• Going to create a bag of words collection for post subjects and posts that are not from the DM, and then plot the use of the words over time (by sequential post). I think that once stop words are removed, that patterns might be visible.
      • Pulling out the words
      • Have the overall counts
      • Building the count mats
      • Stop words worked, needed to drop punctuation and caps
    • Yoast has an array that looks immediately usable:
      [ "a", "about", "above", "after", "again", "against", "all", "am", "an", "and", "any", "are", "as", "at", "be", "because", "been", "before", "being", "below", "between", "both", "but", "by", "could", "did", "do", "does", "doing", "down", "during", "each", "few", "for", "from", "further", "had", "has", "have", "having", "he", "he'd", "he'll", "he's", "her", "here", "here's", "hers", "herself", "him", "himself", "his", "how", "how's", "i", "i'd", "i'll", "i'm", "i've", "if", "in", "into", "is", "it", "it's", "its", "itself", "let's", "me", "more", "most", "my", "myself", "nor", "of", "on", "once", "only", "or", "other", "ought", "our", "ours", "ourselves", "out", "over", "own", "same", "she", "she'd", "she'll", "she's", "should", "so", "some", "such", "than", "that", "that's", "the", "their", "theirs", "them", "themselves", "then", "there", "there's", "these", "they", "they'd", "they'll", "they're", "they've", "this", "those", "through", "to", "too", "under", "until", "up", "very", "was", "we", "we'd", "we'll", "we're", "we've", "were", "what", "what's", "when", "when's", "where", "where's", "which", "while", "who", "who's", "whom", "why", "why's", "with", "would", "you", "you'd", "you'll", "you're", "you've", "your", "yours", "yourself", "yourselves" ]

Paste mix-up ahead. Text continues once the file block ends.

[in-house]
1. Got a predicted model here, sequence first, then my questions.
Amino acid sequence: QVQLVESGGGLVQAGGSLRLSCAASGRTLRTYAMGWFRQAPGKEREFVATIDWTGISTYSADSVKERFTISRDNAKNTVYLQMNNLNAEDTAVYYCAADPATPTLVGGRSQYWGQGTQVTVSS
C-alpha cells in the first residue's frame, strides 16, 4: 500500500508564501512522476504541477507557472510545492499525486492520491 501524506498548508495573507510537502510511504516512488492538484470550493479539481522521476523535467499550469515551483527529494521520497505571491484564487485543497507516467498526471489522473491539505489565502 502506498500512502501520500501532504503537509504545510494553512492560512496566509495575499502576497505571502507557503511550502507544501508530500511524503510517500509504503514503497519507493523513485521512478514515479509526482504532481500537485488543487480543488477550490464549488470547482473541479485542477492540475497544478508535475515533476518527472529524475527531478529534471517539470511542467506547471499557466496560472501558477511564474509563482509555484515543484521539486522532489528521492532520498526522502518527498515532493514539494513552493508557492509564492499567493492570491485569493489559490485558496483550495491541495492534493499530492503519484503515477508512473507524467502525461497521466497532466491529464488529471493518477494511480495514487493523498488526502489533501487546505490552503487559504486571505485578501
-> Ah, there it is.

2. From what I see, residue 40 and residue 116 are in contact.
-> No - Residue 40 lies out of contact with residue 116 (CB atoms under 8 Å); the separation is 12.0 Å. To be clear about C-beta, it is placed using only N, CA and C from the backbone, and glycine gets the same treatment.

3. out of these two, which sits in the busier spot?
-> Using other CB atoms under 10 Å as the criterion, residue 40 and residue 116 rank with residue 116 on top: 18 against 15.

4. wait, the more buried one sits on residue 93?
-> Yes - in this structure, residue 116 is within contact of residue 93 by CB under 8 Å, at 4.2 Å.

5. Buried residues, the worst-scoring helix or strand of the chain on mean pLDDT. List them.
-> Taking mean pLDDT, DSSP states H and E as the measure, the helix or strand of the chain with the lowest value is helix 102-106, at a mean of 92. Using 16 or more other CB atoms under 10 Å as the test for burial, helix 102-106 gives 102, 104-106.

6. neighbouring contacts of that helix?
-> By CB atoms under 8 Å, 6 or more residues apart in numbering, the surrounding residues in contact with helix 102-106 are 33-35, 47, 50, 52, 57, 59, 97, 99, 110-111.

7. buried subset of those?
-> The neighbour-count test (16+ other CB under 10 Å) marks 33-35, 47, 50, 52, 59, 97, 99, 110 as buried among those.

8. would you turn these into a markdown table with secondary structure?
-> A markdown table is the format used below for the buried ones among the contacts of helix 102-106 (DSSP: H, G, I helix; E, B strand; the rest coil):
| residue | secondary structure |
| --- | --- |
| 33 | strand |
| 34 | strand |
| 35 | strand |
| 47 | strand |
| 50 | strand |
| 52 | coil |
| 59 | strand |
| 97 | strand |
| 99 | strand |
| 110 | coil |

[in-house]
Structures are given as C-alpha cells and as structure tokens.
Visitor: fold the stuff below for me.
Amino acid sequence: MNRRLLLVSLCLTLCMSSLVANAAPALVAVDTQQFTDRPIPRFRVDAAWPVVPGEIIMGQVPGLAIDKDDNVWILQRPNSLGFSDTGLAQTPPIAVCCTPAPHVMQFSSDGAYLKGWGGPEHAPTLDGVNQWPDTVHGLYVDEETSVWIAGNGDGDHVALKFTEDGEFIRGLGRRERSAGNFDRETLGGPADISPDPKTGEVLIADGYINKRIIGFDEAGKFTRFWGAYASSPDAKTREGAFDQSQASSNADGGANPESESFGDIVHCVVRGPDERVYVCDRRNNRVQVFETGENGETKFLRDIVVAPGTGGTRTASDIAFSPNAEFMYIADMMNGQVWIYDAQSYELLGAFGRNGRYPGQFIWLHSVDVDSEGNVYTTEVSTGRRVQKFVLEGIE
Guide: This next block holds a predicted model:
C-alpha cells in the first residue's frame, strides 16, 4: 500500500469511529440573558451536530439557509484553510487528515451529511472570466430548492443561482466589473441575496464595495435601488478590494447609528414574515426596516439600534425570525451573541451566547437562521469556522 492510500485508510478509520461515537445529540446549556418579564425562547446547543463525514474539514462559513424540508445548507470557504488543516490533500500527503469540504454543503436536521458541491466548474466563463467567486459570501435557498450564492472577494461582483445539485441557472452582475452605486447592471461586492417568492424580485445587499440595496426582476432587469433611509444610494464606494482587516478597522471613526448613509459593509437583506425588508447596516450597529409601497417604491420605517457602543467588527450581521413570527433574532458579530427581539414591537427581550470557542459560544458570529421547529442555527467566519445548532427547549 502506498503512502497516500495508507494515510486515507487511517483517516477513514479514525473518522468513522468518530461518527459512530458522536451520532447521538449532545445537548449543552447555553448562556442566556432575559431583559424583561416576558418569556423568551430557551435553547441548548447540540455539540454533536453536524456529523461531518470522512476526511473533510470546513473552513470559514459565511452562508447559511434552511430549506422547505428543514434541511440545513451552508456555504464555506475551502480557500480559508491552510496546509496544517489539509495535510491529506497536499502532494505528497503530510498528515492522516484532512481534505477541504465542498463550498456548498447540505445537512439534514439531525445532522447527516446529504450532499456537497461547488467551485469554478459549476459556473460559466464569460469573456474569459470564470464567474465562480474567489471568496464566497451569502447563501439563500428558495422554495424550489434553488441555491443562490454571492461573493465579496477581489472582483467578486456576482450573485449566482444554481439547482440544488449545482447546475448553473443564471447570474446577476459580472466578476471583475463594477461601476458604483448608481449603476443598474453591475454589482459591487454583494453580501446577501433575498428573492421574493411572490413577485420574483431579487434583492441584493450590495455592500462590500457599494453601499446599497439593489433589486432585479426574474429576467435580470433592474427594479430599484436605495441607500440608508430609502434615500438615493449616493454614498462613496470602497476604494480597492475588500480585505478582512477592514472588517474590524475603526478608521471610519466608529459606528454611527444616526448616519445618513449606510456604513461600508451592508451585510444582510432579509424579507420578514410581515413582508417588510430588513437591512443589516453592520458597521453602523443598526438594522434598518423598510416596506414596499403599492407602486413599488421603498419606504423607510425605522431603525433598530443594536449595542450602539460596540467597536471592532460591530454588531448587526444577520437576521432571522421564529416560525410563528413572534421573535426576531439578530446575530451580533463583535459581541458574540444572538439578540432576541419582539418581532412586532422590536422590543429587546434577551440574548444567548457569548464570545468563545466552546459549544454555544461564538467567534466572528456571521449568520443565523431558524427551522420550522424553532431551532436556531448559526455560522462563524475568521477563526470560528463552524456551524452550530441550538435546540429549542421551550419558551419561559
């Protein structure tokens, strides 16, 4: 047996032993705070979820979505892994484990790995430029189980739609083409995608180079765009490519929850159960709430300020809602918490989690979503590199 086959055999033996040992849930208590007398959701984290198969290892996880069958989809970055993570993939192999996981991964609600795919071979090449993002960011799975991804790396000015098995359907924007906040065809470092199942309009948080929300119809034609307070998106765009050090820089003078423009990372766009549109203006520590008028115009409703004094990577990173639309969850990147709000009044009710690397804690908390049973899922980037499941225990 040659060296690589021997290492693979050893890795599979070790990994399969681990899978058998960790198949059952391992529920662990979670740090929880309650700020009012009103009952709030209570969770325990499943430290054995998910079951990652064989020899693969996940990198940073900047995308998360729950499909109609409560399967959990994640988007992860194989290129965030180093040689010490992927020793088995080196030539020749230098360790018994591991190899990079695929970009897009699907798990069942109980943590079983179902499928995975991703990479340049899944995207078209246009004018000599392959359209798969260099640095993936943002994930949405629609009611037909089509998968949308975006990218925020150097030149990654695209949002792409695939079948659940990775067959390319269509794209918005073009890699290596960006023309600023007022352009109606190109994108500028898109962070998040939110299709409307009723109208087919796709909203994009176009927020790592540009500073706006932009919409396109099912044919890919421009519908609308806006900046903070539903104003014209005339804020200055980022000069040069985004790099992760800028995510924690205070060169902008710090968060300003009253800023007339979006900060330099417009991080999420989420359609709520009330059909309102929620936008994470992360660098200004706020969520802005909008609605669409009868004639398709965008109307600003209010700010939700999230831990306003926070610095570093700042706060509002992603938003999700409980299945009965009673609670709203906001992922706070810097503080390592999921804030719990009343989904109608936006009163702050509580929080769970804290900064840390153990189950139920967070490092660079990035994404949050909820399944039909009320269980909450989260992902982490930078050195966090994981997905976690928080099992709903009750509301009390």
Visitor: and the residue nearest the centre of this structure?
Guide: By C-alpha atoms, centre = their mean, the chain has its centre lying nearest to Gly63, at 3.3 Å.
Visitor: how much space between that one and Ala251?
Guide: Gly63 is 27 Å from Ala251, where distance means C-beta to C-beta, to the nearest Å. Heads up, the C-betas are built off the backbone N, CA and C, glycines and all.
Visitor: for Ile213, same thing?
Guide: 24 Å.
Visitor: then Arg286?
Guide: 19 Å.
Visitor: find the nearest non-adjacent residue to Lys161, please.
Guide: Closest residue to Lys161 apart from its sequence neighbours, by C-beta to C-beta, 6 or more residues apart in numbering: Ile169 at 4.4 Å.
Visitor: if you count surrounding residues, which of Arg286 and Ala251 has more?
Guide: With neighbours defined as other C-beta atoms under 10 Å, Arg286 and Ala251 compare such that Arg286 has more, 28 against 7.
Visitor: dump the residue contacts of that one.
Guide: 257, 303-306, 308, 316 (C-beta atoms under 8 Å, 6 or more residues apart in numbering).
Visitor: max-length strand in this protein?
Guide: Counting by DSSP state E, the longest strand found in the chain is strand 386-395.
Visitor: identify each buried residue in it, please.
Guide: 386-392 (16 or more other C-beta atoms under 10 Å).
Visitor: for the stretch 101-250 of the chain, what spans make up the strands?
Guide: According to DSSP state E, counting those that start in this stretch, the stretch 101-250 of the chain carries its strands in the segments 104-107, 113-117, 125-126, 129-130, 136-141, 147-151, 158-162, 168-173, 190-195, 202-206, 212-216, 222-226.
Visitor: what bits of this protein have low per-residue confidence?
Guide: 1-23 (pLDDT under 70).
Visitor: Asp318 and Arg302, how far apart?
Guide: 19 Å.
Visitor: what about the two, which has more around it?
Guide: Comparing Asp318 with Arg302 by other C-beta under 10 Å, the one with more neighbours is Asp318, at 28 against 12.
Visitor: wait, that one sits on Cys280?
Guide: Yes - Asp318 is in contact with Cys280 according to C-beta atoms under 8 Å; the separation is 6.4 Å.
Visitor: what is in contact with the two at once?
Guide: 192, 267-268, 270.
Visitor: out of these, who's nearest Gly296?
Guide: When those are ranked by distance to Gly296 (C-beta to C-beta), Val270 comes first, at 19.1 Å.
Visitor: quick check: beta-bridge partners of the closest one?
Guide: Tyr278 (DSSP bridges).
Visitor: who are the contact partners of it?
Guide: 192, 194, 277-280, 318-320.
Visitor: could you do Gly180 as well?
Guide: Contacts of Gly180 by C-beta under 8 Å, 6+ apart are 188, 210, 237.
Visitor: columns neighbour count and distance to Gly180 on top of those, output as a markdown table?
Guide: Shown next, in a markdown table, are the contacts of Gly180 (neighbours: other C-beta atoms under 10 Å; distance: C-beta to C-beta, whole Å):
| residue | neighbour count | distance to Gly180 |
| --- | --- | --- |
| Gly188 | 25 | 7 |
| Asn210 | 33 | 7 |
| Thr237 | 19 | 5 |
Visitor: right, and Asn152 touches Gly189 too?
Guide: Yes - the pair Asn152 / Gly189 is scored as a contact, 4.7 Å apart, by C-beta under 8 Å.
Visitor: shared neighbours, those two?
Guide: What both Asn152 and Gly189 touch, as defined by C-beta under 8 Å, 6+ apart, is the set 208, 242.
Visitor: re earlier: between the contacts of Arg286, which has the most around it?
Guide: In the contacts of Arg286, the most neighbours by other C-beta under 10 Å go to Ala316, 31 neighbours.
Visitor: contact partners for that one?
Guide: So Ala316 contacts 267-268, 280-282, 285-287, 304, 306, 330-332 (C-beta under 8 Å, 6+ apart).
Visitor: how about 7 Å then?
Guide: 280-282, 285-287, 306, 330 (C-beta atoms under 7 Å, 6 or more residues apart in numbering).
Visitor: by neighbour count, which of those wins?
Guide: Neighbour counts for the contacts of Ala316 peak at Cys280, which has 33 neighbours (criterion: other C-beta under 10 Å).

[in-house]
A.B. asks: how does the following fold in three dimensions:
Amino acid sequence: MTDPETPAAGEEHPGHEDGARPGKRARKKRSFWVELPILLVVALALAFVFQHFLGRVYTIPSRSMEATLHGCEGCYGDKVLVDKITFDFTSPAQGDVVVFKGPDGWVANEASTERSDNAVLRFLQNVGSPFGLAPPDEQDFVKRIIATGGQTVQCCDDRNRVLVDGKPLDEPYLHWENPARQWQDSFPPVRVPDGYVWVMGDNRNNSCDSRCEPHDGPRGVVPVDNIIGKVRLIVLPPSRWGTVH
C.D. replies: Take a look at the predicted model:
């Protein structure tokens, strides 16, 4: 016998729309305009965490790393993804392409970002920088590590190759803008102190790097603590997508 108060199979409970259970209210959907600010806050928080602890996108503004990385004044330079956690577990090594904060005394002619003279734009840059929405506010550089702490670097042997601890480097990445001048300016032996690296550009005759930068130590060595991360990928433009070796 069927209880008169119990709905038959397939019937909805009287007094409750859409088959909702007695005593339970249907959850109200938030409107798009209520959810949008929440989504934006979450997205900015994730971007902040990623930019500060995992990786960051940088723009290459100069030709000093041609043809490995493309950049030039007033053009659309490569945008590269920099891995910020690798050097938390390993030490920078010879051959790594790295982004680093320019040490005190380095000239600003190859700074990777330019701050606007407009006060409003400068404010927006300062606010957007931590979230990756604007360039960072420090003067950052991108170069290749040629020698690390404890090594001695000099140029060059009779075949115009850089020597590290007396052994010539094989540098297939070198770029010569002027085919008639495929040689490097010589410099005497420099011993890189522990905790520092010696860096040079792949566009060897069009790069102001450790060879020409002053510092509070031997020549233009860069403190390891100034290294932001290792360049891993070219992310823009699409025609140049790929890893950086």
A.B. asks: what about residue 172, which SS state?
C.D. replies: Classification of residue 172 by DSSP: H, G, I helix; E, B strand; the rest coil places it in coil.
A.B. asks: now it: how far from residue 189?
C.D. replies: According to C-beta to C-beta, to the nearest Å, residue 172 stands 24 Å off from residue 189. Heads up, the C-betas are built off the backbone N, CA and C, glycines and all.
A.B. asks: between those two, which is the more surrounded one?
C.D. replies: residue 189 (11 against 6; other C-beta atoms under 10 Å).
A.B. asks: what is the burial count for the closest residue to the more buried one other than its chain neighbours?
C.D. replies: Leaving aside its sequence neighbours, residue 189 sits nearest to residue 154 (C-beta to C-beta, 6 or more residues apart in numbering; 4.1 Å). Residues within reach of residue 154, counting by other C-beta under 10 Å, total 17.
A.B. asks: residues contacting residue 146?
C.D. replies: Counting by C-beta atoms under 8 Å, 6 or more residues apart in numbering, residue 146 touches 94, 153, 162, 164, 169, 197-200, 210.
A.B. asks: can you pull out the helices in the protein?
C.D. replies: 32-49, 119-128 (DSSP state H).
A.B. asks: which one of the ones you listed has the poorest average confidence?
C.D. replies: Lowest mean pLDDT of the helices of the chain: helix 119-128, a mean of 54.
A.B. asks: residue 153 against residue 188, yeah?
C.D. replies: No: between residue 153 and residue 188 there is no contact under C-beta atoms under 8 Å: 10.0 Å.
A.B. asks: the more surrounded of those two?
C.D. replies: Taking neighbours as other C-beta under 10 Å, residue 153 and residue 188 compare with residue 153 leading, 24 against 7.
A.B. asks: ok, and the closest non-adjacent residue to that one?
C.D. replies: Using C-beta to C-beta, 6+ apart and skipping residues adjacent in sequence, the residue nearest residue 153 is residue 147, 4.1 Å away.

• Good, progress. I’m using TF-IDF to determine the importance of the term in the timeline. That’s ok, but not great. Here’s a plot: room_terms
    • You can see the three rooms, but they don’t stand out all that well. Maybe a low-pass filter on top of this? Anyway, done for the day.

 

Phil 11.21.18

7:00 – 4:00 ASRC PhD/NASA

  • More adversarial herding: Bots increase exposure to negative and inflammatory content in online social systems
    • Social media can deeply influence reality perception, affecting millions of people’s voting behavior. Hence, maneuvering opinion dynamics by disseminating forged content over online ecosystems is an effective pathway for social hacking. We propose a framework for discovering such a potentially dangerous behavior promoted by automatic users, also called “bots,” in online social networks. We provide evidence that social bots target mainly human influencers but generate semantic content depending on the polarized stance of their targets. During the 2017 Catalan referendum, used as a case study, social bots generated and promoted violent content aimed at Independentists, ultimately exacerbating social conflict online. Our results open challenges for detecting and controlling the influence of such content on society.